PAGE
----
Miso Making (Part 1)

My miso making journey started around 20 years ago. My first try was purchasing a miso making kit, a set includes a bag of soy beans, salt and a koji–malted rice. Just three simple ingredients, sounds simple, but it took me years to really enjoy a homemade batch of miso. My first batch tasted awful therefore took me several years to go back making it but my second batch was also a disaster. I was clueless why I couldn’t make a simple batch of miso.

After some researching, my miso became edible around 5yrs ago. I still don’t know why I couldn’t make it before but I guess the simpler the recipe the little mistake while making makes a lot of different.

I usually make a batch of 5 kilo if miso, but this year I found a recipe of 2.5 kilo. Making 5 kilo of miso was a lot of stress (preparing large utensils etc..) so 2.5 kilo sounded good. I’ll note down the ingredients:

  • 500grams of soybeans
  • 1000grams of malted rice
  • 255grams of seasalt

You can google how to make the miso in the internet so I’ll omit that part but would like to notes some points instead.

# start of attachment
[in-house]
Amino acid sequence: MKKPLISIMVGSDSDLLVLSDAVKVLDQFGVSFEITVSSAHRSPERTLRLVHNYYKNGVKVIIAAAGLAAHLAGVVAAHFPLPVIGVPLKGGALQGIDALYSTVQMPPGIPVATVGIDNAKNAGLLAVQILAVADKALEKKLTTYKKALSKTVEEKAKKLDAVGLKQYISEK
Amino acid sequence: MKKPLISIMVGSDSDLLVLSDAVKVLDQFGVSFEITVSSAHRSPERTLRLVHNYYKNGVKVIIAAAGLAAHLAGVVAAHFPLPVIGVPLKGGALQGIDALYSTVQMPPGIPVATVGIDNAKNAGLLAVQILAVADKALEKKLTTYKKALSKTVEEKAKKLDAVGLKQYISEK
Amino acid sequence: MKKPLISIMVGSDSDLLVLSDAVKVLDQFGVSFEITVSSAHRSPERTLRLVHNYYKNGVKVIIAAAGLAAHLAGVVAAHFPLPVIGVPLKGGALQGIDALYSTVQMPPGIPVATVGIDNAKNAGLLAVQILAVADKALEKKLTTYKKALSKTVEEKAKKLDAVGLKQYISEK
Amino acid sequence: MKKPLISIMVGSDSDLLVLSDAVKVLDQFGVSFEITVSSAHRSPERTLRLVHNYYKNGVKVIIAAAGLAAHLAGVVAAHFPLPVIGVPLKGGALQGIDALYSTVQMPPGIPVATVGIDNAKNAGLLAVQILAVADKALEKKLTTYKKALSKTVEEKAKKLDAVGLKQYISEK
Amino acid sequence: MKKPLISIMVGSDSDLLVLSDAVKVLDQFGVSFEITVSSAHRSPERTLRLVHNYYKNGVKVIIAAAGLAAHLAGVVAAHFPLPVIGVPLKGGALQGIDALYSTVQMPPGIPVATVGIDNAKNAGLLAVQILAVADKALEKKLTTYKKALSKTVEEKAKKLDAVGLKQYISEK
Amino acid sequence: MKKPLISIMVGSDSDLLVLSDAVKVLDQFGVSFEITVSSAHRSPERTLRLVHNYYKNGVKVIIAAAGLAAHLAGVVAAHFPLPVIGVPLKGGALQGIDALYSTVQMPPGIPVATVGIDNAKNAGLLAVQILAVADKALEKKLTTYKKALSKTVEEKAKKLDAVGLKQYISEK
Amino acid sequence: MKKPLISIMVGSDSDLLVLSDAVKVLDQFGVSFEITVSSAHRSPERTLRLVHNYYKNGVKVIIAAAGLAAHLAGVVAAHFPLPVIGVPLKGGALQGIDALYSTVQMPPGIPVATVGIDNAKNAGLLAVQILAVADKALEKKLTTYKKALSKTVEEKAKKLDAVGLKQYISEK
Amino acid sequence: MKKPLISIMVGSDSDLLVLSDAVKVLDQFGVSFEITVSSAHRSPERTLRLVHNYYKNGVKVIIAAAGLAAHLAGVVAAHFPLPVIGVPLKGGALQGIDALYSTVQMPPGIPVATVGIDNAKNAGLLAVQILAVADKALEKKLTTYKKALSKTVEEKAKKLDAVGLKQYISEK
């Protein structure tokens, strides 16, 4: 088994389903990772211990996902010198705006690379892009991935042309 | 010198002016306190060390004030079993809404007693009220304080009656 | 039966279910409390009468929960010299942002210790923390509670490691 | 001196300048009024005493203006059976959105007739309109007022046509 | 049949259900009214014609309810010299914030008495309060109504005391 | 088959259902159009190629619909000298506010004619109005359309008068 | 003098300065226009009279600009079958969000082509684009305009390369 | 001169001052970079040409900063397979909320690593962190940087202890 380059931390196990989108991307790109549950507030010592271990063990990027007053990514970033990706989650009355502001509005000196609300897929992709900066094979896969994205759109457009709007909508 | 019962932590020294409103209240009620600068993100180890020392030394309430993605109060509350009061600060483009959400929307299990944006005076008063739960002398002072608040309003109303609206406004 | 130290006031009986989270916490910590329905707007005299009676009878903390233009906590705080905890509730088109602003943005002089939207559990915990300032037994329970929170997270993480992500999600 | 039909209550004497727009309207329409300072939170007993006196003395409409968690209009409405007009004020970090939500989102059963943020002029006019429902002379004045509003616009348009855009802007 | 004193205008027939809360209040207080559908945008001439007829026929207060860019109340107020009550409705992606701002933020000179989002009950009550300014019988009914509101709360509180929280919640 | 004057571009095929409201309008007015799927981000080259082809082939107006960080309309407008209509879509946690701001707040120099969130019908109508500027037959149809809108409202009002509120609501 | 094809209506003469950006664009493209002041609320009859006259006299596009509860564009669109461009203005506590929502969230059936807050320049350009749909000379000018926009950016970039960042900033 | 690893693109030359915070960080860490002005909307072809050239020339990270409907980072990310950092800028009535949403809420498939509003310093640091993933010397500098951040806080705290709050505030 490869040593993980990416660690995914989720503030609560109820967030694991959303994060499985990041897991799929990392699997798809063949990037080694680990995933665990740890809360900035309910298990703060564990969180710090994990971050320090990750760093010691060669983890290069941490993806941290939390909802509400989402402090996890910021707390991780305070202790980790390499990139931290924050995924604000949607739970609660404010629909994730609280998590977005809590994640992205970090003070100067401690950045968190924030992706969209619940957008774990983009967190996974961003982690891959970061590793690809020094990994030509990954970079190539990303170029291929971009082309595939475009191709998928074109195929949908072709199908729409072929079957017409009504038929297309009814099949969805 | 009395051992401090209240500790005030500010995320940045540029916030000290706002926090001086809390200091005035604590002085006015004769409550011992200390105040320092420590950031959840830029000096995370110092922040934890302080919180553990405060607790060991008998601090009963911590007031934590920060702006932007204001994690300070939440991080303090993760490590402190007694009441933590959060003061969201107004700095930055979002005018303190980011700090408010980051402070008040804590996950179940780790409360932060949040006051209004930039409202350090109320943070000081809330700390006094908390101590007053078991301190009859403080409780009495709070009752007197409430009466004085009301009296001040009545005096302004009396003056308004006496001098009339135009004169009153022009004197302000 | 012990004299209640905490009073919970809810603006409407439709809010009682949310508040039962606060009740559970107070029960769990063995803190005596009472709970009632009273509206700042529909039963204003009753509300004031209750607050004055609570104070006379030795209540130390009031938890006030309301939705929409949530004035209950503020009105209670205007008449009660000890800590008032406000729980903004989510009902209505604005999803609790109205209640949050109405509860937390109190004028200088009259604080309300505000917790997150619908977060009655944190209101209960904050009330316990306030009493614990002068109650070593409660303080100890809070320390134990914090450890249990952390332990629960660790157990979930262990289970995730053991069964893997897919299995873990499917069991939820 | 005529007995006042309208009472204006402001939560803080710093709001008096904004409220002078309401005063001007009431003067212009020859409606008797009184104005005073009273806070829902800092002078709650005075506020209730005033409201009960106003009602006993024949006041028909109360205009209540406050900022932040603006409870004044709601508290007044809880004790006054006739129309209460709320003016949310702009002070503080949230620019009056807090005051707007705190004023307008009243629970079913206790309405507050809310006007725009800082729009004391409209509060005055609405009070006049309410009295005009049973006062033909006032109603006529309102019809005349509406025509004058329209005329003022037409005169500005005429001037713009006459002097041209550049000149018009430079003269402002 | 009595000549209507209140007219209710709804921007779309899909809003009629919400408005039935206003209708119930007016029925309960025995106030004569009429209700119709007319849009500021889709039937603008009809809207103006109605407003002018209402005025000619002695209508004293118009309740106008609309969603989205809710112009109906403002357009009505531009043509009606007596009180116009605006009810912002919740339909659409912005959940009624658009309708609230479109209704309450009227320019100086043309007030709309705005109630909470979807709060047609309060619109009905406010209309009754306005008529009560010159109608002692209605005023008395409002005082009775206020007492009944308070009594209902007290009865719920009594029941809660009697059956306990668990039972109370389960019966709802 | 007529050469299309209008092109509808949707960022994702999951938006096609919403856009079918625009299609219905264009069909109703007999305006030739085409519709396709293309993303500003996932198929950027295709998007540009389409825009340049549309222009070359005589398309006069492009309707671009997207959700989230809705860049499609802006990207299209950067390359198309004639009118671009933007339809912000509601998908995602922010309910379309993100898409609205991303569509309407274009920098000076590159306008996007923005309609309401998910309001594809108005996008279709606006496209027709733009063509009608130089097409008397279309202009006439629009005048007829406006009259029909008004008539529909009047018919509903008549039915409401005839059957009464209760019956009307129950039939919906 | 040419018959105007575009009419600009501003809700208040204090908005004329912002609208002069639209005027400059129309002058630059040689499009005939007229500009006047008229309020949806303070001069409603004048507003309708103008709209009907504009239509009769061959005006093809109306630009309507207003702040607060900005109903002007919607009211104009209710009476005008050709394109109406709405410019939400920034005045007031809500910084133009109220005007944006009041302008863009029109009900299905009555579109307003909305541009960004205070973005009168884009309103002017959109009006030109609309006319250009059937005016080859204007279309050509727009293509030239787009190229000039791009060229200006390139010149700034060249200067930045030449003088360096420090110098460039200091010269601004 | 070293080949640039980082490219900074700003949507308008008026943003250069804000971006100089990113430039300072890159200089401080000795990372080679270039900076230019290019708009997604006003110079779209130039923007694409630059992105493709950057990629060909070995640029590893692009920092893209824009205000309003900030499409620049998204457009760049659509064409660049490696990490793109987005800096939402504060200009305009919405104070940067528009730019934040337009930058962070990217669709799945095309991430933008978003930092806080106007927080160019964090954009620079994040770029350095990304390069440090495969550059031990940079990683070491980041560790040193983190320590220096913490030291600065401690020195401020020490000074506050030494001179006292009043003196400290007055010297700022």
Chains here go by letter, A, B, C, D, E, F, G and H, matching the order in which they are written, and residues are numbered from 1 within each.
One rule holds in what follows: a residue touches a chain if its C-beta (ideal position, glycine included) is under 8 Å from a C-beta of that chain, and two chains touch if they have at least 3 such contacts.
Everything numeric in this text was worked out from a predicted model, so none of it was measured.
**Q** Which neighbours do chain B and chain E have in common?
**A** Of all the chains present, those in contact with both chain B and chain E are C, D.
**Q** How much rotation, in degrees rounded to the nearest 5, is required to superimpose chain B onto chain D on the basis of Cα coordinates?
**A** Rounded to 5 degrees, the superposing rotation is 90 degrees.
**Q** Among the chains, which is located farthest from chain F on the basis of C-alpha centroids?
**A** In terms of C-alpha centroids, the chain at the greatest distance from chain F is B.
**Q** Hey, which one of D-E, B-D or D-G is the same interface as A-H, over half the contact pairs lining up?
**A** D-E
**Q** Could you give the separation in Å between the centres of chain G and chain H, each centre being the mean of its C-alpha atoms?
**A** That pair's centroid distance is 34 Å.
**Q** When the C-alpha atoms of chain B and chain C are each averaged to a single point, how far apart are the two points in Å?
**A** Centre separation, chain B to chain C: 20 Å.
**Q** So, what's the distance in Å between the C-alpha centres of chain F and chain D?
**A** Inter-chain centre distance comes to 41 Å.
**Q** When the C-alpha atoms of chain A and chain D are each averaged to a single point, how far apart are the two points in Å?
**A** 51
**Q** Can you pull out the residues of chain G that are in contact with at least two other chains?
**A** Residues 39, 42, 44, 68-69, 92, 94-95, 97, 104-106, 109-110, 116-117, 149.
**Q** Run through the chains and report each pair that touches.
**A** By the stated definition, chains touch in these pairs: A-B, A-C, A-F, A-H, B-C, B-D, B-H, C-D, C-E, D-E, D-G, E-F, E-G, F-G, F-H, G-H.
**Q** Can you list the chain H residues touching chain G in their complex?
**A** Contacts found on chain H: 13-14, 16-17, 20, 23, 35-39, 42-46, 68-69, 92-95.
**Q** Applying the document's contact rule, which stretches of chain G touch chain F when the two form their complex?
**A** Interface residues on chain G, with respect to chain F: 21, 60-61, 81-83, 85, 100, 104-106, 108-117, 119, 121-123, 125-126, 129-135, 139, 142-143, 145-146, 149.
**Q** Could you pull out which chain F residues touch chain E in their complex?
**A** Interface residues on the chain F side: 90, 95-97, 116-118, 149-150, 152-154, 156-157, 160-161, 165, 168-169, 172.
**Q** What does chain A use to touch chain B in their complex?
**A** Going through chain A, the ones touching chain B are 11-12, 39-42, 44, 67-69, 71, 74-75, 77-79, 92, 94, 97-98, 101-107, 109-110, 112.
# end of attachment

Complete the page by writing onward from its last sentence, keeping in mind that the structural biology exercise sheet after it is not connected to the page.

• The soybeans have to be a new crop. (Not the one stored in your pantry for several years lol)
  • Carefully wash the dry beans several times.
  • Soak the soybean overnight. The beans have to be fully soaked. Plump and no wrinkles.
  • Boil the bean for around 3.5~4hours. The bean should be soft but not mushy. Should be easily pressed it flat with your thumb and little finger.
  • Do not throw away the boiled water, you might need it to adjust the moisture.
  • Puree the boiled bean and add it to the malted rice, salt mixture.
  • Mix it well, and if you found the mixture dry, add a little amount of water (the water which we boiled the beans)
  • Form the mixture into a balls, the batter should be soft enough to form a ball.
  • Slowly press the ball into the clean bucket releasing all the air out from the balls. Rotate the bucket while pressing the balls to pack the miso tightly in to the bucket. (When there is air = it will mold)
  • Flatten the miso in the bucket, leaving the center a bit high, and cover it with a plastic wrap.
  • Place a flat disk on top of the miso and place a heavy stone on top of this (You can substitute with anything heavy.)
  • Cover the bucket with it’s lid of you can cover it with a paper with a string to attach it so it won’t come off.
  • Leave the bucket indoor, in a cool dark place.
  • Good miso should be made while it’s still cold out, (like now) and have to go through hot summer (August) for a good fermentation.
  • Check the miso every month of so, and if it is molding spoon it off and continue the fermentation.

I will post again in around June, during rainy season in Japan to check the mold and show you how the miso is fermenting. Hopefully it goes well. (finger crossed)

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